If you haven’t made your wishes known, let alone formally documented what these are, it’s possible. Check out what to consider sooner rather than later.
The thought of dying isn’t a pleasant one, which is why considering how you’ll distribute your assets after you’ve gone may be something you’ve always put off for another day.
While this is understandable, you also probably don’t want inaction leading to family members becoming embroiled in a nasty inheritance dispute if you leave it too late.
On top of that, without a valid will, you run the risk of your estate being distributed according to state law, which may not align with what you had in mind either.
What Aussie seniors said on the matter of inheritance
Almost one in five Aussie seniors said in a survey they had concerns that their family would argue over their estate should they pass away, particularly in regard to property and money, with people feeling less worried there’d be arguments over sentimental items or things like cars and jewellery1.
Among seniors, who were concerned that family members would argue over their estate upon their passing, about 70% were worried that disputes would negatively impact their family’s relationships2.
By far the most popular strategy to minimise the risk of families fighting over estates was drawing up a will that specified in writing how an estate would be distributed3.
The benefits of documenting things formally
Drawing up a will allows you to document how you want your assets to be distributed after you die.
- This can help in the instance someone contests what you’ve said you want to happen if you’re no longer around.
- It could go a long way in preventing disputes from arising should family members be made to divide assets among themselves.
- You may also be able to improve tax consequences for your heirs. For instance, if they have to sell something they’ve inherited, depending on the asset, capital gains tax may be payable.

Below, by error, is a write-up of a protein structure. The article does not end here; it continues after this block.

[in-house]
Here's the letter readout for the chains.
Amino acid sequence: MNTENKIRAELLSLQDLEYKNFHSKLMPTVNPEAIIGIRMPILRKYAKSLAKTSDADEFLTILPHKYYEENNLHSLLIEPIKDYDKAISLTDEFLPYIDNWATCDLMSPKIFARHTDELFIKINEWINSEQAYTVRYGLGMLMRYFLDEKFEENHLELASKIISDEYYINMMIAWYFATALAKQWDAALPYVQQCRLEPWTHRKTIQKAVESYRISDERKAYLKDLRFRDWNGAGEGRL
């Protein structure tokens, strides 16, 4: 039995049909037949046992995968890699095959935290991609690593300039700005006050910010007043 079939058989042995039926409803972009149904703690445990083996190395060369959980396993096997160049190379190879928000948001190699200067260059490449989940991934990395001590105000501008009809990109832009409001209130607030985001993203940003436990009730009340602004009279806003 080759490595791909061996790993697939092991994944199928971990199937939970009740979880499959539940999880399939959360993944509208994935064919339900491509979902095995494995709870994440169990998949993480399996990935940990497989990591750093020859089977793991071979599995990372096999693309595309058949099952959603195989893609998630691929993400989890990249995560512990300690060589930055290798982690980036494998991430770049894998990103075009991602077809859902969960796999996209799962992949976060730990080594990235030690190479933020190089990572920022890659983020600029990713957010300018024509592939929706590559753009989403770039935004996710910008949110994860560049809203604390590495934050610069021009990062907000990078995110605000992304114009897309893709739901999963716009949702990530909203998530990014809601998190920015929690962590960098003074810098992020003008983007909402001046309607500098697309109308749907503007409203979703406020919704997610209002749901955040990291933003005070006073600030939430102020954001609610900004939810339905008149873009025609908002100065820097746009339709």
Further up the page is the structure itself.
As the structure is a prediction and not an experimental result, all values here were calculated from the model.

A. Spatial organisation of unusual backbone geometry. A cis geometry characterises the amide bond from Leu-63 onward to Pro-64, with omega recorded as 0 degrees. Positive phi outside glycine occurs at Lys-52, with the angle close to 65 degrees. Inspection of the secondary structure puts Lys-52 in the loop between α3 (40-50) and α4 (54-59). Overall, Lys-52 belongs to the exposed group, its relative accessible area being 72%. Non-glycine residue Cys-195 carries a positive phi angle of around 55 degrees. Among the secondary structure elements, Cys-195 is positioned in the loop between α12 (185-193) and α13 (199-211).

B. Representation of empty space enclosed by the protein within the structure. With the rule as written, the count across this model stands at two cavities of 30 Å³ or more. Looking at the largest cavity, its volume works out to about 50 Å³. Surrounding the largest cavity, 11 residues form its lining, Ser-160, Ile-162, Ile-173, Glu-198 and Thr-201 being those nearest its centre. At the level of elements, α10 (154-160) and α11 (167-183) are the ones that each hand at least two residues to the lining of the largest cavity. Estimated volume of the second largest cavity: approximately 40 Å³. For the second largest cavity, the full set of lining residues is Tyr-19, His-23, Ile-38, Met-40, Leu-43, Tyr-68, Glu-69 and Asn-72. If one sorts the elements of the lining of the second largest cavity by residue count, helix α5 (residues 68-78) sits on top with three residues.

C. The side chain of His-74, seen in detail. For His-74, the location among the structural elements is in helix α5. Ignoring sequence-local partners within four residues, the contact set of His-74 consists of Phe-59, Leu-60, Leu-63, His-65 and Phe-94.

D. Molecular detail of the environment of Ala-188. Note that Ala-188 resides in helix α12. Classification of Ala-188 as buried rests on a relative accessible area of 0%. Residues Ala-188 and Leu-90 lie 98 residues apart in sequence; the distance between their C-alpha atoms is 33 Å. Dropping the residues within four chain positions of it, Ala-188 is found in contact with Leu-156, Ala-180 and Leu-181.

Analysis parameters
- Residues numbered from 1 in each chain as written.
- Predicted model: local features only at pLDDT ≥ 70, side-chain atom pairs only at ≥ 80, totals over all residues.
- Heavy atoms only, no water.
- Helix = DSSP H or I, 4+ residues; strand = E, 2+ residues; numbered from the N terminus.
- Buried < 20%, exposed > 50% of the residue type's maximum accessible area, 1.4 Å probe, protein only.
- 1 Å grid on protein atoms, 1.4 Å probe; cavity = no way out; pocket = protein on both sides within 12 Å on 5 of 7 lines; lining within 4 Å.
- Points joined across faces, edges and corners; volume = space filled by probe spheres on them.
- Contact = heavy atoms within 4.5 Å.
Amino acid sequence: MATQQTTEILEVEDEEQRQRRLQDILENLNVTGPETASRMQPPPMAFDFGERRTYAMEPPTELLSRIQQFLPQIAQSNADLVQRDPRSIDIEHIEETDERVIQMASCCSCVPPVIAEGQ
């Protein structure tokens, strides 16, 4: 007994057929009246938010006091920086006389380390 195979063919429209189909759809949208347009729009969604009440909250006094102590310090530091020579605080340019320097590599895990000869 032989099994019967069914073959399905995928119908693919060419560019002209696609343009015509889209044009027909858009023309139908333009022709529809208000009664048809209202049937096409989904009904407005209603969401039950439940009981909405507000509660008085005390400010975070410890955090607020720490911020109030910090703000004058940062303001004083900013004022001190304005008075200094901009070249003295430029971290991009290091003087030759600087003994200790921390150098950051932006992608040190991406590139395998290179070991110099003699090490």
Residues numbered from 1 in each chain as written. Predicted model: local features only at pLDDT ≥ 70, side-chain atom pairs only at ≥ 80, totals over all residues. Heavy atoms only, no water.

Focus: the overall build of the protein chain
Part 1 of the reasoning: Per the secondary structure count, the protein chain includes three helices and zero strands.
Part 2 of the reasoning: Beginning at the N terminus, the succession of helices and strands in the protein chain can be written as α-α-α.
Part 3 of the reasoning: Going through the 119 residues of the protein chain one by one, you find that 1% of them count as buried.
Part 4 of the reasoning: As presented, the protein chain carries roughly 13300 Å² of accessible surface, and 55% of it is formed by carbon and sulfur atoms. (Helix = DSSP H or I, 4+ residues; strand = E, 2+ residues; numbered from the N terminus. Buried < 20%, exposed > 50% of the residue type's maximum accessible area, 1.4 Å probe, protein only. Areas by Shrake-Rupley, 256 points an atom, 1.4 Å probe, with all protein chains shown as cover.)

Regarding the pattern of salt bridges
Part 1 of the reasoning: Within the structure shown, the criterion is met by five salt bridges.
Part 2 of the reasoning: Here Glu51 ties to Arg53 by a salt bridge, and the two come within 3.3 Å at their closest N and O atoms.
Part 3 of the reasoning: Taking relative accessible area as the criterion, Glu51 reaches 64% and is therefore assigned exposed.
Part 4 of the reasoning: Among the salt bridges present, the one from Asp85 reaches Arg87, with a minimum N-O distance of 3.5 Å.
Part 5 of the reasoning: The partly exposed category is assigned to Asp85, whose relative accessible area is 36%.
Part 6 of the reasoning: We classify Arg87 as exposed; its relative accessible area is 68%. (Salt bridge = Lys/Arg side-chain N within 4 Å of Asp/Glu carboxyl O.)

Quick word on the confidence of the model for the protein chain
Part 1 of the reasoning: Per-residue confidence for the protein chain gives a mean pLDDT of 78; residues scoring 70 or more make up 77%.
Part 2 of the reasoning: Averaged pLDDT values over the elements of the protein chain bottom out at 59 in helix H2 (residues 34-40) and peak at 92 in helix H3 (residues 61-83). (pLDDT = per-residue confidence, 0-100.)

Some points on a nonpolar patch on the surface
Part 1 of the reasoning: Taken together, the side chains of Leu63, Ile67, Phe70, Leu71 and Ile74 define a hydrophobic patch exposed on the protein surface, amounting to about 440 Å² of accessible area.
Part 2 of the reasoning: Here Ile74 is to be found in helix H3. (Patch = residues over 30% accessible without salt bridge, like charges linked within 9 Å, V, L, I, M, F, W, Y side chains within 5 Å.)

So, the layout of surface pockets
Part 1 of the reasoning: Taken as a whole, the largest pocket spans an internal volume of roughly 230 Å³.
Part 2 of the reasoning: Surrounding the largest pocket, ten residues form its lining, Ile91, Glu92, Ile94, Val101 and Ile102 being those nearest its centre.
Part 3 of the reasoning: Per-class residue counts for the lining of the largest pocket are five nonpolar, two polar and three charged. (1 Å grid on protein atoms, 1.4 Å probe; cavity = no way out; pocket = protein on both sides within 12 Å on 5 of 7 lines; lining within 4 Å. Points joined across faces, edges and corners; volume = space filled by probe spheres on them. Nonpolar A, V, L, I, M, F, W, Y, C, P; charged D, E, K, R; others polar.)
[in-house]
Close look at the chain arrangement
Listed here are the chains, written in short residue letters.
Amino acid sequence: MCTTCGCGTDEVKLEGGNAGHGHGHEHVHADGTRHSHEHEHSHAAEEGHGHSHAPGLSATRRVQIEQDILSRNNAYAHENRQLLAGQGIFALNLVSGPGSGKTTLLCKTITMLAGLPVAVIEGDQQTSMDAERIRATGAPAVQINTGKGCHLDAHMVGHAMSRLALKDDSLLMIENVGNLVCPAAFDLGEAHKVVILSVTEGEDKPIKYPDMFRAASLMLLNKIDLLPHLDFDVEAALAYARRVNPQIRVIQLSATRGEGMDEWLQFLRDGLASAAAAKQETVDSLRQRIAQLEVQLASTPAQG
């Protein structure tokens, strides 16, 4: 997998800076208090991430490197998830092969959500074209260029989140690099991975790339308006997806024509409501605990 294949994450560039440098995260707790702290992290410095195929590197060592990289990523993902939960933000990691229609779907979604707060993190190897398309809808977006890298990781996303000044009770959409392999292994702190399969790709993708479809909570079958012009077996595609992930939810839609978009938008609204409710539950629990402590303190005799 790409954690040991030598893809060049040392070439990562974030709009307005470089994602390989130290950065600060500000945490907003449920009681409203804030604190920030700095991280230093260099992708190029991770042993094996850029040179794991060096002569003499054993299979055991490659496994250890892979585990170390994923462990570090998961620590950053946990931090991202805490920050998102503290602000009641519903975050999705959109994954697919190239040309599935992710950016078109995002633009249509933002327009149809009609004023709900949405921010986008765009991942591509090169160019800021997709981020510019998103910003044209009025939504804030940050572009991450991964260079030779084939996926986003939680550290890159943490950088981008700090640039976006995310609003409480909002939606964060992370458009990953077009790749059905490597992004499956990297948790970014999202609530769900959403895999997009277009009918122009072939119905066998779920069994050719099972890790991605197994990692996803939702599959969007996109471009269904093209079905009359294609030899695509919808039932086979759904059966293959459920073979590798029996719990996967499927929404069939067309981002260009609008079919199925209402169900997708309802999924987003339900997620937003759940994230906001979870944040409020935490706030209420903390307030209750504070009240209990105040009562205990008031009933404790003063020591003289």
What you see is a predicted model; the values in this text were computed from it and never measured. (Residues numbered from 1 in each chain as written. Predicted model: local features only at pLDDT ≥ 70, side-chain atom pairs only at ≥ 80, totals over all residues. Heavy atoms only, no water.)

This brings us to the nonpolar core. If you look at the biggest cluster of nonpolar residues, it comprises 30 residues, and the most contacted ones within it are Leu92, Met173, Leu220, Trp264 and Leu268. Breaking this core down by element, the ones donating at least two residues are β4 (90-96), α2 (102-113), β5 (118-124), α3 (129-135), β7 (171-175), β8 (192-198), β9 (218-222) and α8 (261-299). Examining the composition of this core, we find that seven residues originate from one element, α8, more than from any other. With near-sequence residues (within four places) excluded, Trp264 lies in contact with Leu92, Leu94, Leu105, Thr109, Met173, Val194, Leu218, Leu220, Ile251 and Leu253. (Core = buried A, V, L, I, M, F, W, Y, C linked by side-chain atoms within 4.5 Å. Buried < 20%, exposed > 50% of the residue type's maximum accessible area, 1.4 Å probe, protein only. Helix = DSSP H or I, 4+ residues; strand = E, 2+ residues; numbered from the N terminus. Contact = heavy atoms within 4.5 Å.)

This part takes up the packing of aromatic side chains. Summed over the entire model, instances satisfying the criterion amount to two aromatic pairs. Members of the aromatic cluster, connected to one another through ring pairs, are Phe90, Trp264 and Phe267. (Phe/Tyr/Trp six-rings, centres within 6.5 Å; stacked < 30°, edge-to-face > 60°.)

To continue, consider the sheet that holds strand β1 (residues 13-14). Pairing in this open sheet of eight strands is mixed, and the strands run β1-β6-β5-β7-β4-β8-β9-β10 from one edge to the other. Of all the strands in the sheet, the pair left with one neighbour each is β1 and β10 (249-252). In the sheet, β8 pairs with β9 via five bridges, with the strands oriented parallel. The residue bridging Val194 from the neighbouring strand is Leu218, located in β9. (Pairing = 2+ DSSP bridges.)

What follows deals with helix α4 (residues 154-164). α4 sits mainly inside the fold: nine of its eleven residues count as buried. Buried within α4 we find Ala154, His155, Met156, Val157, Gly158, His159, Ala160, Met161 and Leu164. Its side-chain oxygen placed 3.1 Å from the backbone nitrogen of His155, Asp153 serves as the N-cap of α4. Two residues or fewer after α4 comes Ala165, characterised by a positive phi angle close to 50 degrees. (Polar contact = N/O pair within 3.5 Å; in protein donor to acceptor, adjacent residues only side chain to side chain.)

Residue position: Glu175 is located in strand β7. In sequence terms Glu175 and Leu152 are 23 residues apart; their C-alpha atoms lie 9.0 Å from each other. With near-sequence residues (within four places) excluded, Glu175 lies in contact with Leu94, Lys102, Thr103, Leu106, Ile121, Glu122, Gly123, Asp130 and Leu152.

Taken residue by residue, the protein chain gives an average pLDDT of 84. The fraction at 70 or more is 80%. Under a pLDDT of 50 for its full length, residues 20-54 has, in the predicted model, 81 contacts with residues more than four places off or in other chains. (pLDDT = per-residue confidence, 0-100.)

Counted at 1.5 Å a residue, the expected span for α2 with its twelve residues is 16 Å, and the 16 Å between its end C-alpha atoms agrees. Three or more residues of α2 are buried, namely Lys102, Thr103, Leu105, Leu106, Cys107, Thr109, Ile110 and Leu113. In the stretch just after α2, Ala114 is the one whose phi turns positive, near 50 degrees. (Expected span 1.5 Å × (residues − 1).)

Things to consider and why communication can be beneficial
You may or may not want to distribute your assets evenly. You may have given cash advances to help people out earlier in life. There may be family members who are better off than others. There may be some getting assistance via other means, while others may be less likely to use the money wisely.
At the end of the day, how you want to distribute your assets will be up to you but communicating why you’ve made certain decisions could go a long way. Sure, it might be a hard pill to swallow, but not talking about it could cause far bigger feuds (and sadly to say, even legal battles) down the track.
Talking openly and honestly will hopefully help your family understand why you have made the decisions you’ve made and ensure everyone is on the same page.
How to formalise what you want to happen
A solicitor or estate planning lawyer can help you draw up a will that’s legally binding. It’s important this document is kept up to date to also ensure any changes to your situation (marriage, divorce, separation or otherwise) are accounted for, so those who matter most are taken care of.
While it’s also possible to draw up your own will (there are various kits available online), these mightn’t be adequate in complex situations, which is why engaging a professional may be worthwhile.